Mauritius: The fundamental role of bees for the ecosystem and the importance of locally produced honey were highlighted Yesterday by the Attorney General, Minister of Agro-Industry and Food Security, Maneesh Gobin.
He was speaking at an event organised at Le Chateau de Mon Plaisir, in Sir Seewoosagur Ramgoolam Botanic Garden in Pamplemousses, on the occasion of World Bee Day, annually observed on 20 May.
The theme retained for this year is ‘Bee engaged in pollinator-friendly agricultural production’.
A series of activities were organised to mark the Day, including the planting of melliferous plants in the yard of the Botanic Garden, a visit to Bee Hives, and an exhibition showcasing different types of locally produced honey for sale.
A remittance of two grants of Rs 150,000 to beekeepers for securing allocated plots in the bee reserve zone and purchasing beekeeping equipment was also on the programme.
In his address, Minister Gobin dwelt on the need to protect bees and other pollinators through evidence-based agricultural production practices. “The purpose of World Bee Day,” he said, “is to acknowledge the crucial role of bees and other pollinators in maintaining biodiversity and food security.”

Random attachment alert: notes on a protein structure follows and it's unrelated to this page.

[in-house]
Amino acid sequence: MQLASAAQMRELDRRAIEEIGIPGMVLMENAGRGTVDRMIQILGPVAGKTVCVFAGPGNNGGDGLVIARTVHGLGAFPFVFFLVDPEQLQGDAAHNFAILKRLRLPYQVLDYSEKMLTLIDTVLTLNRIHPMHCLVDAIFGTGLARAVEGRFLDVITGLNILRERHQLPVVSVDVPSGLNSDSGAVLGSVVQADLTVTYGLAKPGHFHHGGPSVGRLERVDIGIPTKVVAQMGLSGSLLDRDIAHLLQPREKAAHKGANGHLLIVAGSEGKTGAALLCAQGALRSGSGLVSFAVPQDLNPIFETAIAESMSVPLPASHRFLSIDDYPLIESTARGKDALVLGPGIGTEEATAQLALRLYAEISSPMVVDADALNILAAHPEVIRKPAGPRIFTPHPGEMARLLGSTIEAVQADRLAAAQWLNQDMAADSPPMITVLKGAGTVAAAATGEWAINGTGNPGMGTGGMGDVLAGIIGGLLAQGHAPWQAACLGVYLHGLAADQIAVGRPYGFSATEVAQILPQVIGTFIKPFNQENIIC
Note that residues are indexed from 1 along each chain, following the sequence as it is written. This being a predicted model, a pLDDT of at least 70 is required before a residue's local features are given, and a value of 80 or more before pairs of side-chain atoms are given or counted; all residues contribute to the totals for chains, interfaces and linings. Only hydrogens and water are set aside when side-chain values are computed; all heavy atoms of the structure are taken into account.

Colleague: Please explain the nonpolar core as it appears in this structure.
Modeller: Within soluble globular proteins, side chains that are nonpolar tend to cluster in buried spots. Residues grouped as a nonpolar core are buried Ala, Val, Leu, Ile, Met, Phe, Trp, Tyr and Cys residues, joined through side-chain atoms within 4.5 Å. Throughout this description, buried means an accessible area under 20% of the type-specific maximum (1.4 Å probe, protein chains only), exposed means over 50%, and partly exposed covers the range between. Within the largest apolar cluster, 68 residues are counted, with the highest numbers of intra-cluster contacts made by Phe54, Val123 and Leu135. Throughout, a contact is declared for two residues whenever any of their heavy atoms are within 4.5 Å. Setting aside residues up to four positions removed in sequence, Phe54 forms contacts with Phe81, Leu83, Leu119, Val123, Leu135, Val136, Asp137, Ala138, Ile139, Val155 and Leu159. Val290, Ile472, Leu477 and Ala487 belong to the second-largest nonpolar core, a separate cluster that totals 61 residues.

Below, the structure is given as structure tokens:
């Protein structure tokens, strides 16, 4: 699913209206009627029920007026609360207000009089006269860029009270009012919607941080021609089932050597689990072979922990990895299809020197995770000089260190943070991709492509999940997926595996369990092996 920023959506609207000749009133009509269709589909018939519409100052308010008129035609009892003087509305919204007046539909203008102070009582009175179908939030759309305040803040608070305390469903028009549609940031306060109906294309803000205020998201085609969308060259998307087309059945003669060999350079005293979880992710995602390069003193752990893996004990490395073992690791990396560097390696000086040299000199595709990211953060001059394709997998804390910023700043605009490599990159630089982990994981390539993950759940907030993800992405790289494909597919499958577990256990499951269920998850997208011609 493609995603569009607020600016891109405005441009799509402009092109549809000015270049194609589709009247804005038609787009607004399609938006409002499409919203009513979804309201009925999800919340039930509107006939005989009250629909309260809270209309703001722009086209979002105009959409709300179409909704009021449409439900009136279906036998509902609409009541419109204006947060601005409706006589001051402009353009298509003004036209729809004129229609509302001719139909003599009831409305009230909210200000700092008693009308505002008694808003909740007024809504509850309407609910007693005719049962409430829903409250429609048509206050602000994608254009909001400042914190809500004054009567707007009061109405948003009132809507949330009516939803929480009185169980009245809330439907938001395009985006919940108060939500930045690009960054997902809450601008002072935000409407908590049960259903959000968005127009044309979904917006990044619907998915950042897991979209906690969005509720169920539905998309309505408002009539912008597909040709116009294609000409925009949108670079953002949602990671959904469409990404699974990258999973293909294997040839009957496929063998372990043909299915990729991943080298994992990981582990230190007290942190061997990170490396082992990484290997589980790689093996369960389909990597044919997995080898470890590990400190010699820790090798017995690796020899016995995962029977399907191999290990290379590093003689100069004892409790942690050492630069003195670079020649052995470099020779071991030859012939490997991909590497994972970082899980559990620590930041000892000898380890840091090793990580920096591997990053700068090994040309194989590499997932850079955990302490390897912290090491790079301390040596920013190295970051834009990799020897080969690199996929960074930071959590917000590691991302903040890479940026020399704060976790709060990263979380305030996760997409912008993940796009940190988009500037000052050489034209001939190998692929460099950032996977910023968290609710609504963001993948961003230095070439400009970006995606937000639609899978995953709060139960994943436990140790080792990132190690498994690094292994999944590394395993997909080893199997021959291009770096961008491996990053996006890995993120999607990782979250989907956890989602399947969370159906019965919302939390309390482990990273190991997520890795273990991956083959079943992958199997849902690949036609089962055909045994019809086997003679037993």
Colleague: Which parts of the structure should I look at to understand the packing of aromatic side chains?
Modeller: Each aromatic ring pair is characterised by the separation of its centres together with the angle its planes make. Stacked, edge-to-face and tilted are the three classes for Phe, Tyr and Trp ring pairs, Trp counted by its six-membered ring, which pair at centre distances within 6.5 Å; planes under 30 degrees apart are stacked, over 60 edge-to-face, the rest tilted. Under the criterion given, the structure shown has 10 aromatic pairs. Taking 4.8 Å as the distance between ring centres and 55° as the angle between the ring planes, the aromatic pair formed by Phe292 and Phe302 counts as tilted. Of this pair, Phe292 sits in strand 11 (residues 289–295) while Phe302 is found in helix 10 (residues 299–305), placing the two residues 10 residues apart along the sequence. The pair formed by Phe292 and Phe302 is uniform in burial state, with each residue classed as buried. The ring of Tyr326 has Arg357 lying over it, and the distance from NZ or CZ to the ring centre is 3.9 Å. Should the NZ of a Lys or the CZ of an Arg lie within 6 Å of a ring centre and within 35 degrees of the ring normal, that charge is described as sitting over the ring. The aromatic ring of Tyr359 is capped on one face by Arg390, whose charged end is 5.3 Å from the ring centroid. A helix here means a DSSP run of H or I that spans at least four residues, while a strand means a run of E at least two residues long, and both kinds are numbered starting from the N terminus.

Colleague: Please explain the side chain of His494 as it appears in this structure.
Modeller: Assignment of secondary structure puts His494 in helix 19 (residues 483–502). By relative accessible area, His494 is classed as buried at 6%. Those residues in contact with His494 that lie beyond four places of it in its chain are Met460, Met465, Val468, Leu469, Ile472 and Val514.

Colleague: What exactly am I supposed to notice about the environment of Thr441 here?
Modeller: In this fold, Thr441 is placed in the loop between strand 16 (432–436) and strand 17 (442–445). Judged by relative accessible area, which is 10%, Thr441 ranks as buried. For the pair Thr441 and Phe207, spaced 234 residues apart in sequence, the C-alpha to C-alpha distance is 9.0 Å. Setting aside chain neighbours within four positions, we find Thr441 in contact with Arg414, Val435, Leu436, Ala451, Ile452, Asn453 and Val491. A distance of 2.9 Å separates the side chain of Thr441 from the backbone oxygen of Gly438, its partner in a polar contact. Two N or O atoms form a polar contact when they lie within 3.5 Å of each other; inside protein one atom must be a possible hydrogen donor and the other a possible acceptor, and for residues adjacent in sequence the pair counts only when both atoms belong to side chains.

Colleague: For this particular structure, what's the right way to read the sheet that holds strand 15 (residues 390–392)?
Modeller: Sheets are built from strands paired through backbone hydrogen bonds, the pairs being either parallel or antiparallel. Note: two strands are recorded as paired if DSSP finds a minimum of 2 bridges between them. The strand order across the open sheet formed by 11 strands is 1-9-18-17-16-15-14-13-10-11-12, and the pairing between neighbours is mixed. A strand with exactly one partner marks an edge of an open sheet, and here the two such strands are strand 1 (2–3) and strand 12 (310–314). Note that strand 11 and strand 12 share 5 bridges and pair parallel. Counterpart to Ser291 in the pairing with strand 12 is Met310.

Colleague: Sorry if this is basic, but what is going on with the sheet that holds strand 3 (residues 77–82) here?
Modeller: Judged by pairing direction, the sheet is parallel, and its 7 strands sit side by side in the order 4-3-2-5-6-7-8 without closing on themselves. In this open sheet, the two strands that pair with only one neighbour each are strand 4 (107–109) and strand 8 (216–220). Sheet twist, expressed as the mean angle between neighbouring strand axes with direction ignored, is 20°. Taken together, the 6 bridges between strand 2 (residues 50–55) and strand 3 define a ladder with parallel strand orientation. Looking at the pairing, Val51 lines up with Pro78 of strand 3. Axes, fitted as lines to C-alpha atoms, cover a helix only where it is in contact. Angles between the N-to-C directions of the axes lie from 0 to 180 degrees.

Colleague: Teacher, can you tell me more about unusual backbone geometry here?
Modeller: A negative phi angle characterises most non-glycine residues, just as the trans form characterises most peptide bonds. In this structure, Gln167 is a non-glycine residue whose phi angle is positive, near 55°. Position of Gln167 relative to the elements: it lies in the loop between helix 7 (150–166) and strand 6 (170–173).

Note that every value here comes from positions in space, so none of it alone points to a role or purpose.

While encouraging the local production of honey, the Minister indicated that results of honey samples analysed in the Food Technology Laboratory showed that local raw honey was of good quality and had a sucrose content of less than 5%.
He also spoke of the several schemes put in place by the Ministry to support beekeepers and promote apiculture in Mauritius. They include, amongst others, training of beekeepers; free access to beekeepers for placement of bee hives on state-owned forest lands (bee zones); and a loan facility from the Development Bank of Mauritius with a 2 % interest rate over a period of four years.
Apiculture is practised mainly as a part-time activity by some 648 registered beekeepers in Mauritius. The honey production in 2022 stood at 32 tons. The production is expected to increase to 35 tons in 2023. Some 300 tons of honey are imported annually.
To further promote apiculture, the seeds of a new melliferous plant known as the bee tree, Tetradium Danielle, have been imported.
The limiting factors for the promotion of beekeeping in Mauritius are the presence of devastating pests of honey bees; the decrease in the area of melliferous plants; inaccessibility to good apiary sites; and unfavourable weather conditions due to climate change.